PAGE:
The view to the north and NW across the Stinchar Valley reveals something of the disposition of the various formations of the Barr Group developed in that direction. The main mass of Benan Hill is, as might be supposed, formed of a very thick Benan Conglomerate sequence disposed in the core of a broad syncline whose axis, plunging north-eastwards roughly parallels the Stinchar Valley. The northern slopes of the valley reveal features formed by the underlying formations, particularly that of the Stinchar Limestone which makes a positive, scarp-like feature descending into the valley towards the NE. Lower units appear on the valley slopes progressively to the SW and the prominent 'bump' made by the basal Kirkland Conglomerate can be seen some distance to the west, above Benan Farm (Locality 5).

Locality 4. River Stinchar at Auchensoul Bridge [NX 259 929]:[edit]

Kirkland Conglomerate, Auchensoul Bridge Mudstone, trilobites, brachiopods (Figure 29.2), (Figure 29.5), (Figure 29.6). Return to the road and continue westwards for a short distance watching out for the River Stinchar approaching the road from the right. Stop by the footbridge leading to Auchensoul Farm. Cross it and at reasonably low water extensive low exposures will be seen in and adjacent to the river.

Here, three lithological units are seen. The dip is to the east and the lowest unit, the purple-tinged Kirkland Conglomerate is exposed for about 40 m upstream of the bridge and consists of the uppermost 16 m or so of the formation. It is capped by a brecciated pale blue limestone, the fragments being set in a calcareous siltstone. This is taken as the basal unit of the Auchensoul Bridge Mudstone Formation (see Ince 1984), previously referred to the Auchensoul Limestone of Williams (1962). After an exposure gap covering several metres of strata the succession continues with about 15 m of largely calcareous strata, basically blue-grey or maroon mudstones and siltstones but with limestone lenses and bands [NX 246 924]. Fossils are best extracted from the limestone lenses where they are decalcified. The brachiopod Valcourea confinis is known throughout the succession here and indicates that the Auchensoul Bridge Mudstone Formations the lateral equivalent of part of the Confinis Flags Formation, more typically developed towards the west.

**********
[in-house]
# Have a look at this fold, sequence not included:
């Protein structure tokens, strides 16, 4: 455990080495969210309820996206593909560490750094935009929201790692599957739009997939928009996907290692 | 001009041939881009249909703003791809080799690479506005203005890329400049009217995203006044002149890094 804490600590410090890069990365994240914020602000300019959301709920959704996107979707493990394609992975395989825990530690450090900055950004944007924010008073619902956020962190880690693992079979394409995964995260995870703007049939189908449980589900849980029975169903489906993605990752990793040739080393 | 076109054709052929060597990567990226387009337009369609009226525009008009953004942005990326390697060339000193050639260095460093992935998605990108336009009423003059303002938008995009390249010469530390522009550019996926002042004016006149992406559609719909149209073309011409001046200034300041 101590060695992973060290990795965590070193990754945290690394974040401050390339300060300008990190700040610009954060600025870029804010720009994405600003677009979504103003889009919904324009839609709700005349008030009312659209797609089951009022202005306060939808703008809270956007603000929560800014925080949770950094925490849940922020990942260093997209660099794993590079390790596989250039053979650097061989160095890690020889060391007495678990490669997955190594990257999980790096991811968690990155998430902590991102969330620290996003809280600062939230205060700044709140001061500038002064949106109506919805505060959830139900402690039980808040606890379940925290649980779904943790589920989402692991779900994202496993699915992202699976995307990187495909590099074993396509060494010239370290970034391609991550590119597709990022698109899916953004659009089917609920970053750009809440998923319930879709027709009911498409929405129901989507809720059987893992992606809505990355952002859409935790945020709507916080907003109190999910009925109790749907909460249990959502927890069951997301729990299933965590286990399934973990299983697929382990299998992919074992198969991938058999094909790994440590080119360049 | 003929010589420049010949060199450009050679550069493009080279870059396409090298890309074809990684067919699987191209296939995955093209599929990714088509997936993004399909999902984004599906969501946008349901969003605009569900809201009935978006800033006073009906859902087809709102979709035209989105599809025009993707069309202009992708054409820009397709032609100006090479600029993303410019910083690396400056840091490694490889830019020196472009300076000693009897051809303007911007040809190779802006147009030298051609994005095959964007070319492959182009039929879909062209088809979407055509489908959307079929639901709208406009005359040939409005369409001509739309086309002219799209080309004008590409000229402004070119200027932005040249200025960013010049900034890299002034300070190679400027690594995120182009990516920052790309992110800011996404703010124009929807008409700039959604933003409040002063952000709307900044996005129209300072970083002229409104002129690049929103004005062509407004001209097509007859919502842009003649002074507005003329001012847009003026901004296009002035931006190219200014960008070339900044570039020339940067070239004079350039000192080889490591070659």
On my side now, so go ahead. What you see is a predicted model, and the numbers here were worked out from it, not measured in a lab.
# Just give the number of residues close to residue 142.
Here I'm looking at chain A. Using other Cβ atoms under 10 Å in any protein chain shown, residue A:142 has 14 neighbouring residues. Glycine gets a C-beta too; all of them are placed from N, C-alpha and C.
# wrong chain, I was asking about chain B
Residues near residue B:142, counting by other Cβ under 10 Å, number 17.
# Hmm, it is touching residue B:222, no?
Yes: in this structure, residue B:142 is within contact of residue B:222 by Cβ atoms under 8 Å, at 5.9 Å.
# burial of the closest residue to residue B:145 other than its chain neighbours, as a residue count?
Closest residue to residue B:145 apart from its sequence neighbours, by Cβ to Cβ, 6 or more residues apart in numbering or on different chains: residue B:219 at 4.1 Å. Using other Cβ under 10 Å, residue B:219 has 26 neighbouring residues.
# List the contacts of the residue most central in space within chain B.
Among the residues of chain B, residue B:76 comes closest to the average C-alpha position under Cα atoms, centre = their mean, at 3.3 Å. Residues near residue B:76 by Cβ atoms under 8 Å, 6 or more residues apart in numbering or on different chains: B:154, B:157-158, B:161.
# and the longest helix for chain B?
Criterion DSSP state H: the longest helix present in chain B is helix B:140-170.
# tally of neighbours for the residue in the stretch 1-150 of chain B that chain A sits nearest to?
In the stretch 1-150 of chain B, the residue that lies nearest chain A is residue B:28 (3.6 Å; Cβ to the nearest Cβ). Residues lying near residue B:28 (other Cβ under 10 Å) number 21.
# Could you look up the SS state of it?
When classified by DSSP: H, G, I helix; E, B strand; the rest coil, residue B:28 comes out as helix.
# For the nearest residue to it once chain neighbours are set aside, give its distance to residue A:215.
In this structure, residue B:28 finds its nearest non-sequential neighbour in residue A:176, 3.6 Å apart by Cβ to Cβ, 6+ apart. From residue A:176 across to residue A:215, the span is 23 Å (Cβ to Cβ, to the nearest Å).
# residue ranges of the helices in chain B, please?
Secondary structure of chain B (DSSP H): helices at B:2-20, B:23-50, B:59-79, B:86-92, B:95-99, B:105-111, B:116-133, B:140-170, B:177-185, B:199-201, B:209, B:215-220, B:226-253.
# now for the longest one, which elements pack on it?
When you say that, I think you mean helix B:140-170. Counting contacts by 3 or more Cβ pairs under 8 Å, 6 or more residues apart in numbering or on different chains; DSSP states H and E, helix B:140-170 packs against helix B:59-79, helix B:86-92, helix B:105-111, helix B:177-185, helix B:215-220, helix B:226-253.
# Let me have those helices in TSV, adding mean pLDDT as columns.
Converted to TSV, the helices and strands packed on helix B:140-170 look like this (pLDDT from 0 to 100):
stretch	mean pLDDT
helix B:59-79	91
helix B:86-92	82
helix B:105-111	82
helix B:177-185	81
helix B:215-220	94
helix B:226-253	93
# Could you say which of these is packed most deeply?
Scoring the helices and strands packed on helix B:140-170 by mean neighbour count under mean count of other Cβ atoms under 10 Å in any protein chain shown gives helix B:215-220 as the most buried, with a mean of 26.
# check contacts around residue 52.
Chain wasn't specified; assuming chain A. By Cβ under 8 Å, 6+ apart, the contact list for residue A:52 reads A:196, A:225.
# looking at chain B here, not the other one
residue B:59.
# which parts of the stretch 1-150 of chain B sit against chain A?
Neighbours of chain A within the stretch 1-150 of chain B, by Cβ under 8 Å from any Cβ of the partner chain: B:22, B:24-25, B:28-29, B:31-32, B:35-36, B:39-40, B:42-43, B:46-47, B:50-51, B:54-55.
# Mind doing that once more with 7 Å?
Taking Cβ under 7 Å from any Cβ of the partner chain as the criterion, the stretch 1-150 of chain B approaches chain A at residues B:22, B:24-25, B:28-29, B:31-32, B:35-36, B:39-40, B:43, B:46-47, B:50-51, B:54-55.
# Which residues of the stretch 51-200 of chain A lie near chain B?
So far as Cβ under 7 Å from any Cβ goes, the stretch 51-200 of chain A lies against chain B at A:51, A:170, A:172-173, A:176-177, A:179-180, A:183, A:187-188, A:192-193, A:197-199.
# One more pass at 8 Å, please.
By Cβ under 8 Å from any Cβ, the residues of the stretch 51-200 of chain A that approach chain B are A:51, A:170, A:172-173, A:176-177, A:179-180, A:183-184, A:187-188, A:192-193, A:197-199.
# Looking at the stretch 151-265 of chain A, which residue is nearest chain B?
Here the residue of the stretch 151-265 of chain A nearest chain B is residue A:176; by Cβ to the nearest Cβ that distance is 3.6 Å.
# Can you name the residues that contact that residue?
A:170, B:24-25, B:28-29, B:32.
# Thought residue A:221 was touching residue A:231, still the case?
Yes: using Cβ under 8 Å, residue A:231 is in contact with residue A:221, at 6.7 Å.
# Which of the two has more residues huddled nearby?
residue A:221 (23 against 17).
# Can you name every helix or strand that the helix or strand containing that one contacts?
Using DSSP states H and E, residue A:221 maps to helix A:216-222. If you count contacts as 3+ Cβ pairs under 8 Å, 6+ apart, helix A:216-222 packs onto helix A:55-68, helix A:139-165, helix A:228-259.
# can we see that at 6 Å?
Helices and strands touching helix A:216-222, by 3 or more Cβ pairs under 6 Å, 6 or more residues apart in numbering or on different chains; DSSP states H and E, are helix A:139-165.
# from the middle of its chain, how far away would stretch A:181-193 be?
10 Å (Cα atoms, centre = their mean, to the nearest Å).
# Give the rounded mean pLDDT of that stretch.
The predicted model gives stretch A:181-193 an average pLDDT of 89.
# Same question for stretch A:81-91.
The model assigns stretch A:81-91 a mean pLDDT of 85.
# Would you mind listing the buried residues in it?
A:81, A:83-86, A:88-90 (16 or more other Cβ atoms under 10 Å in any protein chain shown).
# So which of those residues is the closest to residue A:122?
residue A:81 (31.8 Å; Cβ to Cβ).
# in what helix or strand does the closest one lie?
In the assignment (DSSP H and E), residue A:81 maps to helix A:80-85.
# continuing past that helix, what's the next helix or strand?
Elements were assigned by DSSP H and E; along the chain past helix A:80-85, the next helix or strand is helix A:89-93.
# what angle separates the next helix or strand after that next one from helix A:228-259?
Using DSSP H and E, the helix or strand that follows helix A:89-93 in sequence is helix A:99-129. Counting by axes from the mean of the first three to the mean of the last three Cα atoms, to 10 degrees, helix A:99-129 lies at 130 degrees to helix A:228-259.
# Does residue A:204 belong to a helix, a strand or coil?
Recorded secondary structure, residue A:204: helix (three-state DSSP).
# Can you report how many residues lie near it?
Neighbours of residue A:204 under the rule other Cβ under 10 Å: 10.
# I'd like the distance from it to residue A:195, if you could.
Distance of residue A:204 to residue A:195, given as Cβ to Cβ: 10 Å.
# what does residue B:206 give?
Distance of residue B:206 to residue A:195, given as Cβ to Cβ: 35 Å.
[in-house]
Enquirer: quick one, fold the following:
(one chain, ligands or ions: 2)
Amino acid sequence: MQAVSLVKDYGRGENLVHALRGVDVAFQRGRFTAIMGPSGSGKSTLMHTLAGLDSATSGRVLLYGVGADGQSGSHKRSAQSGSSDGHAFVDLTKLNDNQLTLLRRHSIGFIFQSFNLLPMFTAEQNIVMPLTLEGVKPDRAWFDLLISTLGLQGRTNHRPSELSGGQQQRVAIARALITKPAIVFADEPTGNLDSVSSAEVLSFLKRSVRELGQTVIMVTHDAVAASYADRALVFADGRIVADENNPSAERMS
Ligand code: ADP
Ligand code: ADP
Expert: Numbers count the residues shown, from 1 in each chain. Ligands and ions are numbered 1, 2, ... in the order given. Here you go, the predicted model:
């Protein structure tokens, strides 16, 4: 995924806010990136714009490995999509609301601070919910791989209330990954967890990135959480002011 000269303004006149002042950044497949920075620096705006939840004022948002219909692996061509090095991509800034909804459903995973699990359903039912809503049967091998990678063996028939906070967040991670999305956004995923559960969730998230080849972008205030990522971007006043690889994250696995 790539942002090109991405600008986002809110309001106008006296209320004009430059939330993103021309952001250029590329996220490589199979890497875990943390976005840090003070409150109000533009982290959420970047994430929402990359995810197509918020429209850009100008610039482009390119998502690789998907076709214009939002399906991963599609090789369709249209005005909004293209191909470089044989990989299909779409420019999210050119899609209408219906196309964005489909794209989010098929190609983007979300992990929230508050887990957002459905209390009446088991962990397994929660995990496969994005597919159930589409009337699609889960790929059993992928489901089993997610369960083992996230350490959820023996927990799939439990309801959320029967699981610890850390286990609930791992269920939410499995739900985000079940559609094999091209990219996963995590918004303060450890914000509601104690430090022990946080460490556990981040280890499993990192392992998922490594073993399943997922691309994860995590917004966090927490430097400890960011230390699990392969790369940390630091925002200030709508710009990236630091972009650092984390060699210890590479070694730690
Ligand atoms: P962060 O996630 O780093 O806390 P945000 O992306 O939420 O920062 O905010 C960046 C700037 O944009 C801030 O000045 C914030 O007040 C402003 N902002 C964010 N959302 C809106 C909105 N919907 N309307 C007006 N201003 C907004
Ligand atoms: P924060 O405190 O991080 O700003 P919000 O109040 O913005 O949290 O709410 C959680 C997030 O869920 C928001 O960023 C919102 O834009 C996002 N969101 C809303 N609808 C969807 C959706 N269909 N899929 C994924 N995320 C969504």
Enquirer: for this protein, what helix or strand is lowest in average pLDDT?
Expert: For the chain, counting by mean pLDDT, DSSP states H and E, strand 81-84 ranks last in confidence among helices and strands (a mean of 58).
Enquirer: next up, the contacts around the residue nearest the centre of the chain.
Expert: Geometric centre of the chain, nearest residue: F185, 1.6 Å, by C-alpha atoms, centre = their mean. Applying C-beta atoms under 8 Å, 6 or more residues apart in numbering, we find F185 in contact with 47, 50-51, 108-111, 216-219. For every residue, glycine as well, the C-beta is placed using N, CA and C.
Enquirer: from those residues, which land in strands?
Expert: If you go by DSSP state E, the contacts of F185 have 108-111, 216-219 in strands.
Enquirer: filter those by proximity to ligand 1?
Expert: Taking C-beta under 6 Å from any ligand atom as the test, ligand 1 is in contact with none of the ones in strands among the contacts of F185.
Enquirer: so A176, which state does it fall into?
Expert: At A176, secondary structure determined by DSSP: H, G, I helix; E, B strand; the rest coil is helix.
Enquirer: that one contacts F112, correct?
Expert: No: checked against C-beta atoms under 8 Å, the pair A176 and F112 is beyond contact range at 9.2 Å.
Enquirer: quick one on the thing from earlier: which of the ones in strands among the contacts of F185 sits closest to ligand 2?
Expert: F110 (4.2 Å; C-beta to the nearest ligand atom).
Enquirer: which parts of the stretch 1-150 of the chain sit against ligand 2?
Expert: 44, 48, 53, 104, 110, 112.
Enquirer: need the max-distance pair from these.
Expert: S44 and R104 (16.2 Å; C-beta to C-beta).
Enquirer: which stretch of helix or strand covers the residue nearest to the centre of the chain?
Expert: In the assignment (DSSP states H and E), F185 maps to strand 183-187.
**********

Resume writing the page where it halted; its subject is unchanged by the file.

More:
The trilobites known from the Auchensoul Bridge Mudstone have been described by Tripp (1979–as Auchensoul Limestone fossils, see also Ingham & Tripp 1991, fig. 4). Remopleurides ateuchetos and Isotelus sp. are the most common forms.

Locality 5. Benan Burn: Kirkland Conglomerate, Confinis Flags, Stinchar Limestone, Superstes Mudstone, Benan Conglomerate, brachiopods, trilobites, other fossils (Figure 29.2), (Figure 29.5), (Figure 29.6).[edit]

Continue westwards for about 1.5 km along the B734 and take the access road to the right leading to Kirkland and Benan farms, crossing the River Stinchar near Kirkland Farm [NX 246 924]. The tributary flowing down to the Stinchar from the north here is Kirkland Burn and not Benan Burn as it is labelled on the O.S. 1:50 000 map. Continue along the track to Benan Farm [NX 240 920] and park after first seeking permission from the farm owners. A track leads into Benan Burn which again flows from the north and deeply dissects the flank of Benan Hill. There are extensive exposures hereabouts of the Kirkland Conglomerate Formation, particularly on the hillside between Benan and Kirkland burns and it is estimated that the minimum thickness of the formation must be in the order of 260 m. Although the base is not seen, regional mapping suggest that it rests =conformably on the Ballantrae Complex. It is a massive purple and grey conglomerate commonly reddish-weathering and contains pebbles and cobbles of Ballantrae rocks and also acid igneous types not known from the Ballantrae Complex. Derivation was from the north or NW. The Kirkland Conglomerate forms the first fan-delta cycle of Ince (1984) (see also Ingham & Tripp 1991, fig. 3).

In Benan Burn some 15 in of this lithology is seen followed by about 7 m of rubbly weathering, cross-bedded, calcareous sandstone with occasional large pebbles. This unit forms part of the "Transitional Sandstone" of Ince (1984) and it is followed by the Confinis Flags Formation. Although in this section there is an exposure break covering about 35 m of succession, typical Confinis Flags Formation is then exposed in the stream and along the paths. About 45 m of purplish-brown weathering, fine calcareous sandstone is seen. Weathering effects occasionally give the rock a slightly honeycombed appearence. Small pebbles are sometimes found. Fossils occur throughout and are dominated by a shallow water trilobite-brachiopod association. The relatively common Appalachian brachiopod Valcourea confinis gives the formation its old, well-established name. Although the shelly fauna is N American in its affinities, conodont studies have shownconclusively that this part of the Girvan succession is, in Anglo-Welsh terms, of late Llanvirn age (Bergstrom 1990).